This study aimed to examine the durability of gain patterns following an 8-week Mindfulness-Based Cognitive Therapy (MBCT) for headache pain program | Complementary Therapies in Medicine
- This study is the first to examine the durability of gains following Mindfulness-Based Cognitive Therapy (MBCT) for headache.
- Treatment related gains made at post-treatment were maintained at 6-months follow-up for key pain outcomes and process variables.
- Current results add to a growing body of literature supporting the durability of MBCT for painful conditions.
Full reference: Day, M.A. & Thorn, B.E. (2017) Mindfulness-based cognitive therapy for headache pain: An evaluation of the long-term maintenance of effects. Complementary Therapies in Medicine. Vol. 33 (Issue 8) pp. 94-98
Previous studies suggest that higher mindfulness is associated with less pain and depression. However, the role of mindfulness has never been studied in knee osteoarthritis (OA)
Method: We performed a secondary analysis of baseline data from our randomized comparative trial in participants with knee OA. Mindfulness was assessed using the Five Facet Mindfulness Questionnaire (FFMQ). We measured pain, physical function, quality of life, depression, stress, and self-efficacy with commonly-used patient-reported measures. Simple and multivariable regression models were utilized to assess associations between mindfulness and health outcomes. We further tested whether mindfulness moderated the pain-psychological outcome associations.
Conclusion: Mindfulness is associated with depression, stress, self-efficacy, and quality of life among knee OA patients. Mindfulness also moderates the influence of pain on stress, which suggests that mindfulness may alter the way one copes with pain. Future studies examining the benefits of mind-body therapy, designed to increase mindfulness, for patients with OA are warranted.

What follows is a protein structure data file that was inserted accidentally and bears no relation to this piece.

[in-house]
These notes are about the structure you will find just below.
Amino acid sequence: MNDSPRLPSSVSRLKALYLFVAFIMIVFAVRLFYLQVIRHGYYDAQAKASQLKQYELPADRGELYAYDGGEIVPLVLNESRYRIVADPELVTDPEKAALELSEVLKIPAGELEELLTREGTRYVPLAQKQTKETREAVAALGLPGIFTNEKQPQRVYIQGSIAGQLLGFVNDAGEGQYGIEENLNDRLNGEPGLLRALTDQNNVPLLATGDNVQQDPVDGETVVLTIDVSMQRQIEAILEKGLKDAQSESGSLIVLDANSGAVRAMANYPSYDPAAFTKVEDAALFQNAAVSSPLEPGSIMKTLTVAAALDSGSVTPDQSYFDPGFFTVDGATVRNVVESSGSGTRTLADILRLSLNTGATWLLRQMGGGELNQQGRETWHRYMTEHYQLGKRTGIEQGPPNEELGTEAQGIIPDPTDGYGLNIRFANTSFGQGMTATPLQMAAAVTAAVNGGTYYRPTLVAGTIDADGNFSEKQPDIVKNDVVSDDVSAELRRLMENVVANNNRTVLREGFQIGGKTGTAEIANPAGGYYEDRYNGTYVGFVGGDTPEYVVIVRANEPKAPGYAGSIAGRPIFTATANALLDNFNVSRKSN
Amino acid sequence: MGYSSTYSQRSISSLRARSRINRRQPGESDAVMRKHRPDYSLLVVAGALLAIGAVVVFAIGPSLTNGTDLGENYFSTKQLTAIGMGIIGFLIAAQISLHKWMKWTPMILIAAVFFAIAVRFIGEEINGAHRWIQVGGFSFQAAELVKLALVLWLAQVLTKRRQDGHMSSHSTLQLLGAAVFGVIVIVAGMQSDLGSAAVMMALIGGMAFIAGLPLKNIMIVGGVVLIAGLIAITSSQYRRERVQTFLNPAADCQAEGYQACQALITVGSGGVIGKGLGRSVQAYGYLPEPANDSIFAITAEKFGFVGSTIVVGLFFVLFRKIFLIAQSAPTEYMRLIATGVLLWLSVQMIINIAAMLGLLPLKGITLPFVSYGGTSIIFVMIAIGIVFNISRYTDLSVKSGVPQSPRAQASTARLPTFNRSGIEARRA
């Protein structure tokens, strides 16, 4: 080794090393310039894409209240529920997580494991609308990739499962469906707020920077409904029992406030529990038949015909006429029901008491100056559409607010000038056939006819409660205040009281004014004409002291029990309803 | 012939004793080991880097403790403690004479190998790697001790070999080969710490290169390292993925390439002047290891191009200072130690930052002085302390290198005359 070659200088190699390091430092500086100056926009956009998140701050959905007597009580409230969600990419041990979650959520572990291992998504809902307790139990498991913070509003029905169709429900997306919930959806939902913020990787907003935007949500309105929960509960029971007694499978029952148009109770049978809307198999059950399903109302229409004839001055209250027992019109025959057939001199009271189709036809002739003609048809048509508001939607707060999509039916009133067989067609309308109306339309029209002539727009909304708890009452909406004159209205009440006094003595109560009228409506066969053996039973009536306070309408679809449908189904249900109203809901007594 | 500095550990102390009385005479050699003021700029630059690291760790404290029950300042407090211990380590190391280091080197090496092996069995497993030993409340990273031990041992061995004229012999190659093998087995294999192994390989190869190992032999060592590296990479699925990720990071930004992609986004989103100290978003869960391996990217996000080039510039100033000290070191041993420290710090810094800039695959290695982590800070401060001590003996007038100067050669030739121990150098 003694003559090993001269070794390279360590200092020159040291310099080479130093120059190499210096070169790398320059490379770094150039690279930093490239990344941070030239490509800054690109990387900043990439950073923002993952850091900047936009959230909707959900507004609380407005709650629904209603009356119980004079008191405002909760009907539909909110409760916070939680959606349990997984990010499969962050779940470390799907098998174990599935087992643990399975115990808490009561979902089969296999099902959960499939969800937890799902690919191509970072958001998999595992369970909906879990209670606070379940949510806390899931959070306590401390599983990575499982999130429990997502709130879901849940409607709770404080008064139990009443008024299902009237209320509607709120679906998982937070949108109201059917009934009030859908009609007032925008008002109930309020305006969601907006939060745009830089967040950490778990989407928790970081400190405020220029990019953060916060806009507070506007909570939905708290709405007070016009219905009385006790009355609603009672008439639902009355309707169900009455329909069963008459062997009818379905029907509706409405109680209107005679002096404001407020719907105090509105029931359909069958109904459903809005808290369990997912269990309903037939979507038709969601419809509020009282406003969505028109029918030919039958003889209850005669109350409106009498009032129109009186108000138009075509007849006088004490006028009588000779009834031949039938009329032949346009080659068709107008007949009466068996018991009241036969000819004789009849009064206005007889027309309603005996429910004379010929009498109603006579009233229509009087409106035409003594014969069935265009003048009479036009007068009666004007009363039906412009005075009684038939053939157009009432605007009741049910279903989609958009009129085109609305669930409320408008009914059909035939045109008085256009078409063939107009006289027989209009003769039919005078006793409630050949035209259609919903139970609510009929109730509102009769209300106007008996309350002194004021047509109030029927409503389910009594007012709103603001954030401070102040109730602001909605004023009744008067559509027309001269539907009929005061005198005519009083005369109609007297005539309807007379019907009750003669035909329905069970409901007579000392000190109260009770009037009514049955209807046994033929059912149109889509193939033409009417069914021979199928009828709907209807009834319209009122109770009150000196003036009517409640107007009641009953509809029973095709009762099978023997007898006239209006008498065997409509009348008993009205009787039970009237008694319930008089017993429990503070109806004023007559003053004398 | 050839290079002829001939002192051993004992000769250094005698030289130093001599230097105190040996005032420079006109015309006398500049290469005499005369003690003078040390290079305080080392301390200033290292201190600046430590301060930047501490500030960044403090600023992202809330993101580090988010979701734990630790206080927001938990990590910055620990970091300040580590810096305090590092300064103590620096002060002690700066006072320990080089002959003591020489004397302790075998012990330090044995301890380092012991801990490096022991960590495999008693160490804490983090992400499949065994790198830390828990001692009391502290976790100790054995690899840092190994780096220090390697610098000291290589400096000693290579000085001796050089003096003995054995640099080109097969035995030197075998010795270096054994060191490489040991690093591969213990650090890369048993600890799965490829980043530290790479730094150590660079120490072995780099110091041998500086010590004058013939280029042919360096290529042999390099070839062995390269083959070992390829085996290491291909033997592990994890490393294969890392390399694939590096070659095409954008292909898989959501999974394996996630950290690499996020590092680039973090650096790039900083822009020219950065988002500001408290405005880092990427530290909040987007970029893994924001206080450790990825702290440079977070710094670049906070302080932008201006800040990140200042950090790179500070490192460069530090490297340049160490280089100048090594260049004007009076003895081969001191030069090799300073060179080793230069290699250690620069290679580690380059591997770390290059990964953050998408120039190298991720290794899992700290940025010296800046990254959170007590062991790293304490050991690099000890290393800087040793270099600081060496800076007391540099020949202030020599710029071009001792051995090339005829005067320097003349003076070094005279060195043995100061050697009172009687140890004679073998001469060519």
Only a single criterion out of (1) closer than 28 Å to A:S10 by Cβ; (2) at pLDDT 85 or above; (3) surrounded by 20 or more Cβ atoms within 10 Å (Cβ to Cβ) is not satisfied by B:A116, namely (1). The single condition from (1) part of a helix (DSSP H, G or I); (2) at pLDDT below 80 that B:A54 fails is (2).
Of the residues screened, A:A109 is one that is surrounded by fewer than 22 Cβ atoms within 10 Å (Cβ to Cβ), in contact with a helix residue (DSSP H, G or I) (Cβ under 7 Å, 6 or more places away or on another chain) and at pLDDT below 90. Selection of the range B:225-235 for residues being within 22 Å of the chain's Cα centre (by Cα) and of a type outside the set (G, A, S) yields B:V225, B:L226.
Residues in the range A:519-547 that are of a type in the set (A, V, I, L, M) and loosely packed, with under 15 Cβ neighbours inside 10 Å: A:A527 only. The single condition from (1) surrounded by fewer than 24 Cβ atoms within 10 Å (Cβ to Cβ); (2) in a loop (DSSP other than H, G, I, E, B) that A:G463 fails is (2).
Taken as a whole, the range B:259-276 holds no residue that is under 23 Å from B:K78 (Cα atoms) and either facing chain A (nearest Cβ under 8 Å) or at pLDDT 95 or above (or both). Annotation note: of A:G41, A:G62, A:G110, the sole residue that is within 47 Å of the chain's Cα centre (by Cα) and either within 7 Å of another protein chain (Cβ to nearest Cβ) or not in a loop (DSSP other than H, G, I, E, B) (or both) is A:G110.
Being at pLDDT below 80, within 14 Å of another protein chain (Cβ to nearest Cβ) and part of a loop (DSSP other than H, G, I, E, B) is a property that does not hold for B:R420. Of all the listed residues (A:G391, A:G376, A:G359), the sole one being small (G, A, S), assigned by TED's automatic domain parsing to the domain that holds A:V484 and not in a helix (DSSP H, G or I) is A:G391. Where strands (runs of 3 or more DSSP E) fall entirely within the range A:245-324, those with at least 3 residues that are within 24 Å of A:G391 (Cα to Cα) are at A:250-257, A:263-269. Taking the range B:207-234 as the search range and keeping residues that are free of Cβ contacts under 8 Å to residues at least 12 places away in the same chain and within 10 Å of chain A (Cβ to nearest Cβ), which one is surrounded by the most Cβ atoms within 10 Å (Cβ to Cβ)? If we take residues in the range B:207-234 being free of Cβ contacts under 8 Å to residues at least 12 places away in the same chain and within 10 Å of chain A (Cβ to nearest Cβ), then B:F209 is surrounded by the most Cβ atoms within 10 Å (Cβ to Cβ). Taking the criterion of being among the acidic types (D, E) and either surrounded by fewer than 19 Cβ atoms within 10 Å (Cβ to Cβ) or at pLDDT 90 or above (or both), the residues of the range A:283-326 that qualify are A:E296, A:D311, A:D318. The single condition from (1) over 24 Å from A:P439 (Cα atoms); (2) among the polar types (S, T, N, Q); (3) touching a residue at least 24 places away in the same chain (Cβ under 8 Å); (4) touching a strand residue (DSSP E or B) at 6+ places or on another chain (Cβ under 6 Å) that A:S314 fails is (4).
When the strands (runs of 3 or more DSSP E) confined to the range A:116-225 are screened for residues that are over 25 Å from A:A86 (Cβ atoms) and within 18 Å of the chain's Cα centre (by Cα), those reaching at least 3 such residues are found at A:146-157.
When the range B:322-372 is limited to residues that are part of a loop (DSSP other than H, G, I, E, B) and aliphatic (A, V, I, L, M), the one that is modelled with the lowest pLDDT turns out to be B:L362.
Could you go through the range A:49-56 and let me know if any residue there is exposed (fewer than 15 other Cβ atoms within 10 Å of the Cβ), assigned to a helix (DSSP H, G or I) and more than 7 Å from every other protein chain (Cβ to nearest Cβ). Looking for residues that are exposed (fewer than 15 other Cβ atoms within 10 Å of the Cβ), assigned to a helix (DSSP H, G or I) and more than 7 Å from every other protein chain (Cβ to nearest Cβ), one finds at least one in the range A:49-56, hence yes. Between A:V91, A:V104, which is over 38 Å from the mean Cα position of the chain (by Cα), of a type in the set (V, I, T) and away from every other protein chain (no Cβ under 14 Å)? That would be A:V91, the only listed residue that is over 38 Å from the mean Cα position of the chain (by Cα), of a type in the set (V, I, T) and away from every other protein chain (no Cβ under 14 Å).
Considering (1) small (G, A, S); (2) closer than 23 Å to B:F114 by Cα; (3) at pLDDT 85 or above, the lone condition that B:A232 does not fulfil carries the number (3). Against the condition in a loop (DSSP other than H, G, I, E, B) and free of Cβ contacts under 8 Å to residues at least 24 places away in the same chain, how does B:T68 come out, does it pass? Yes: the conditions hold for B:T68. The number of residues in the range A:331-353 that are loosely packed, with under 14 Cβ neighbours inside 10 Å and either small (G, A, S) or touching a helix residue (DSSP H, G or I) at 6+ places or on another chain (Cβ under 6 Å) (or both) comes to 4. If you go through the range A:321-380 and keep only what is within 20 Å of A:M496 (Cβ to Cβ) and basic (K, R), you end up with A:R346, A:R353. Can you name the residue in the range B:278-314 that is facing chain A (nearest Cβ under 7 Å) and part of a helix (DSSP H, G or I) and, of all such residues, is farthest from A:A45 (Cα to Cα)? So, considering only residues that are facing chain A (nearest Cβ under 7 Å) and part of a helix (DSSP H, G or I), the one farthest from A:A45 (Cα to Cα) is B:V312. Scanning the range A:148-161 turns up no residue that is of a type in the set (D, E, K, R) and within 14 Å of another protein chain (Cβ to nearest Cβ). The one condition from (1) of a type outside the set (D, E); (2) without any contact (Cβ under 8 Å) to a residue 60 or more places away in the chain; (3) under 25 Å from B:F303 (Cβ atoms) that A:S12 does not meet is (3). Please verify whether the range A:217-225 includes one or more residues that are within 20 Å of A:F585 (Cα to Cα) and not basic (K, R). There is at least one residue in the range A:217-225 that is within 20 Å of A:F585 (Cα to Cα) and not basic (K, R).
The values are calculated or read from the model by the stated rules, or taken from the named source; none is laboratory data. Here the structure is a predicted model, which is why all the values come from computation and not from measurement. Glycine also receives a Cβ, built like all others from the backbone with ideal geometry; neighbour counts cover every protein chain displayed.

Full reference: Lee, A et al. (2017) Mindfulness is associated with psychological health and moderates pain in knee osteoarthritis. Osteoarthritis and Cartilage. 25(6) pp. 824-831
Waelde, L.C. et al (2017) Children. 4, 32.
Despite advances in psychological interventions for pediatric chronic pain, there has been little research examining mindfulness meditation for these conditions. This study presents data from a pilot clinical trial of a six-week manualized mindfulness meditation intervention offered to 20 adolescents aged 13–17 years.
Mindfulness meditation shows promise as a feasible and acceptable intervention for youth with chronic pain. Future research should optimize intervention components and determine treatment efficacy
The full article is available to download here
Anheyer, D. et al. Annals of Internal Medicine | Published online: 25 April 2017
Background: Mindfulness-based stress reduction (MBSR) is frequently used to treat pain-related conditions, but its effects on low back pain are uncertain.
Purpose: To assess the efficacy and safety of MBSR in patients with low back pain.
Conclusion: Mindfulness-based stress reduction may be associated with short-term effects on pain intensity and physical functioning. Long-term RCTs that compare MBSR versus active treatments are needed in order to best understand the role of MBSR in the management of low back pain.
Read the full abstract here
Hilton, L. et al. (2017) Annals of Behavioral Medicine. 51(2) pp. 199–213
Background: Chronic pain patients increasingly seek treatment through mindfulness meditation. This study aims to synthesize evidence on efficacy and safety of mindfulness meditation interventions for the treatment of chronic pain in adults.
Conclusions: While mindfulness meditation improves pain and depression symptoms and quality of life, additional well-designed, rigorous, and large-scale RCTs are needed to decisively provide estimates of the efficacy of mindfulness meditation for chronic pain.
Read the full article here